Major players in connected TV, including Amazon and Vizio, are solidifying their positions as go-to ad platforms as the streaming grab ramps up.
Vizio is altering licensing agreements with ad-tech companies using Inscape Data Services, its TV data company. According to multiple sources, Vizio is restructuring contracts with Inscape customers to limit retargeting and other use cases of Inscape data that would cannibalize or otherwise compete with Vizio’s emerging ad business.
Vizio struck many of these data licensing deals before it launched its ad business at the end of 2019 and after a reorganization in October saw Inscape folded into Vizio’s platform business.
As Vizio brings Inscape in-house to bolster its ad offerings and smart TV user experience, the company’s data relationship with third parties is also changing. This change will impact ad-tech companies that have relied on Inscape to bolster their media arbitrage businesses.
Vizio has more than 30 million smart TVs in the U.S. Inscape currently offers automatic content recognition data, which tracks what viewers watch, gathered from more than 16 million opted-in Vizio smart TVs in America.
Vizio declined to comment.
Amazon’s walls rise higher
Similarly, Amazon’s relationship with ad-tech companies in CTV has also been changing.
In the middle of 2019, Amazon struck deals with software companies Dataxu and The Trade Desk to allow both demand-side platforms (DSP) to resell some Amazon Fire TV streaming inventory. The deal with Dataxu ended after competitor Roku bought the DSP in October 2019.
As of September 2020, The Trade Desk is also no longer partnering with Amazon. Instead of having a direct line to Amazon Publisher Services, the company’s header bidding tool, The Trade Desk is now favoring closer relationships with app and content owners. This is primarily through other supply-side platforms (SSP) that “offer transparent access to a wide range of broadcaster inventory,” the company said in a blog post.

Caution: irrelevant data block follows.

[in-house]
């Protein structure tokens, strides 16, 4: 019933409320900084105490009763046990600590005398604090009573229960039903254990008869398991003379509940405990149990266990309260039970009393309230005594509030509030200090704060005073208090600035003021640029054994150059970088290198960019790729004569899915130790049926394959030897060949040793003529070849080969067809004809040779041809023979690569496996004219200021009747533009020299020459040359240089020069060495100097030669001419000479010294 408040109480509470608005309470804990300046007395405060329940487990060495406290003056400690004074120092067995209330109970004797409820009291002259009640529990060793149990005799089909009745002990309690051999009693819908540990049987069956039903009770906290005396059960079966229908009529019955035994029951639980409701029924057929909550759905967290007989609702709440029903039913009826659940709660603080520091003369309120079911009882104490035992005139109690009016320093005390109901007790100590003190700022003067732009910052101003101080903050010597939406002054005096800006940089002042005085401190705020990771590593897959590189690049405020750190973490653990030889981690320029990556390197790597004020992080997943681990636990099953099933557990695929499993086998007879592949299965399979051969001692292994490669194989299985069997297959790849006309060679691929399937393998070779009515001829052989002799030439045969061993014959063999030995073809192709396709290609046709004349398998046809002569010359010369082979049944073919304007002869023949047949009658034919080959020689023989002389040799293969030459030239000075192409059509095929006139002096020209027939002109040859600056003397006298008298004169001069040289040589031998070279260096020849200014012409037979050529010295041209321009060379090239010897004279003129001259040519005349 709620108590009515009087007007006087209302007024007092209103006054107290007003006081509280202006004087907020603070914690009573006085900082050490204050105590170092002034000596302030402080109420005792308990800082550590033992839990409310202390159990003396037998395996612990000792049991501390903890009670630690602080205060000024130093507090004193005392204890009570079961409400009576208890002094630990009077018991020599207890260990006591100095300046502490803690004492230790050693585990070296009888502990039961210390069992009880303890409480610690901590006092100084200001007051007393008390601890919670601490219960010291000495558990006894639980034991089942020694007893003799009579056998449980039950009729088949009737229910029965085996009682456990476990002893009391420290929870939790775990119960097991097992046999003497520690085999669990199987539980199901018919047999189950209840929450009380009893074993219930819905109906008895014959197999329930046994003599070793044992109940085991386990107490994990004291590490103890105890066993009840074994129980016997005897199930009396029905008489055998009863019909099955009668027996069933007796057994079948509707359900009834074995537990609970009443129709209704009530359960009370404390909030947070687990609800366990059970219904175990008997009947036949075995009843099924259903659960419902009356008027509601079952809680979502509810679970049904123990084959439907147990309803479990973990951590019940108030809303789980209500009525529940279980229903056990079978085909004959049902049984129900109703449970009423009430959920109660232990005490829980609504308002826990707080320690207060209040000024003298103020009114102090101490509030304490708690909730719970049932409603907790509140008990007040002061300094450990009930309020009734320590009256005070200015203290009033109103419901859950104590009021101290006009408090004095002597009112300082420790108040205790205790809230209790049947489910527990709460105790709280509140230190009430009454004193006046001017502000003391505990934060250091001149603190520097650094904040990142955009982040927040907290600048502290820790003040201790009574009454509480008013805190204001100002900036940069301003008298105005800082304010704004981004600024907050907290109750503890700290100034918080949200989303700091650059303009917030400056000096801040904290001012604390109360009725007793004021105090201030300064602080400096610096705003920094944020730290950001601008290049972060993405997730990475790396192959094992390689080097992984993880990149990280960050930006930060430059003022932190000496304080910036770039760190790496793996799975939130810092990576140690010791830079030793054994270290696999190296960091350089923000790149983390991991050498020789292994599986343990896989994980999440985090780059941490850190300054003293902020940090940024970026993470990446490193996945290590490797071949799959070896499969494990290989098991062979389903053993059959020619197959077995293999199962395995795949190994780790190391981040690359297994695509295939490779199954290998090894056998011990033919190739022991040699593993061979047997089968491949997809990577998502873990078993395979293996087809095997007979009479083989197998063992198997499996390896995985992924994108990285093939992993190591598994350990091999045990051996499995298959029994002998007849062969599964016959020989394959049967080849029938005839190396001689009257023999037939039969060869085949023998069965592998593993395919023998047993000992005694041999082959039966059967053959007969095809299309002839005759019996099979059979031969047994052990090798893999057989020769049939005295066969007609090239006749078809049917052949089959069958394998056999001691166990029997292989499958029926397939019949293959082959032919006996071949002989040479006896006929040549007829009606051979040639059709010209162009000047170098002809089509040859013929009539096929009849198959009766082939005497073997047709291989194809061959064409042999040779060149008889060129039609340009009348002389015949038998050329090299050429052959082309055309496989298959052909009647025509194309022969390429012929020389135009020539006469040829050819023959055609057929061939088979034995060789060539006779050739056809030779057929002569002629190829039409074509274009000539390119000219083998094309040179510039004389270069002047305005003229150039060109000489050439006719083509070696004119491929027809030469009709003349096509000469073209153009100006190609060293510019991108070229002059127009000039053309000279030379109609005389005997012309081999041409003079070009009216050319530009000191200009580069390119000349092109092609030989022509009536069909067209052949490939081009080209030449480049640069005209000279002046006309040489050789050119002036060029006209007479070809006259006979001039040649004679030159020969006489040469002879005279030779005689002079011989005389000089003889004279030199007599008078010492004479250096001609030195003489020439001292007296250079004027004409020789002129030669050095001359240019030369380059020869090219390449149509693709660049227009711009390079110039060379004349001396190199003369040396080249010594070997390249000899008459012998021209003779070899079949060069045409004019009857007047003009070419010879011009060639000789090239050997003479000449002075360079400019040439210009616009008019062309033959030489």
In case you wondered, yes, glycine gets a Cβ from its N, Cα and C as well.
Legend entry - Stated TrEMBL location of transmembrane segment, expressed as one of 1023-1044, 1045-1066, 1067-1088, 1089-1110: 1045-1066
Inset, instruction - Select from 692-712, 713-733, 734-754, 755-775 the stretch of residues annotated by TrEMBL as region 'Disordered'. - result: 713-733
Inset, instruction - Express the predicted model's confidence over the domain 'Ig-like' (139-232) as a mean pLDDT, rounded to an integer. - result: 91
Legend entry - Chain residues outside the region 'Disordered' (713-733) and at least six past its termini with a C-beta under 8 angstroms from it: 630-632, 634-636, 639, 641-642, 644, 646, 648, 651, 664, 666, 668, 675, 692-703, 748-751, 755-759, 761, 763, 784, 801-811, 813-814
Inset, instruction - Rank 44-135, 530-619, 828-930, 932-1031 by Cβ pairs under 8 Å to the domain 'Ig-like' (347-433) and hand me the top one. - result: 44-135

During the company’s most recent earnings call, The Trade Desk CEO Jeff Green said he initially thought the relationship with Amazon would last longer. He added that Amazon Publisher Services represented less than 1.5% of CTV ad impressions through its platform. “Getting that [inventory] more directly, it’s actually better for us, better for our advertisers,” he said.
Amazon, which has more than 40 million monthly Fire TV users in America, also didn’t give the DSPs access to its owned-and-operated IMDb TV streaming service, according to multiple sources.
Building up walls as the space matures
CTV platforms are building out their advertising businesses as more people flee their cable providers in favor of streaming, a trend that has been accelerated by the pandemic.
As a result, CTV ad spend is expected to reach $8.1 billion by the end of the year and grow by $6 billion over the next two years, according to eMarketer.
Given the changing consumer behavior and growth in spend, streaming platforms are building technologies and fine-tuning business models to attract those viewers and dollars. For example, smart TV maker Samsung, which has a U.S. footprint of more than 50 million smart TVs, recently launched a DSP. Meanwhile, Roku, with 46 million monthly U.S. accounts, introduced a revamped ad-tech offering.
But walled gardens in CTV are different than the rest of the digital environment, which is dominated by Google and Facebook. Similar to the digital duopoly, platforms such as Roku, Amazon and Samsung don’t let their first-party data travel outside their walls. Although Vizio is still selling Inscape data, it now has limitations on how it can be used.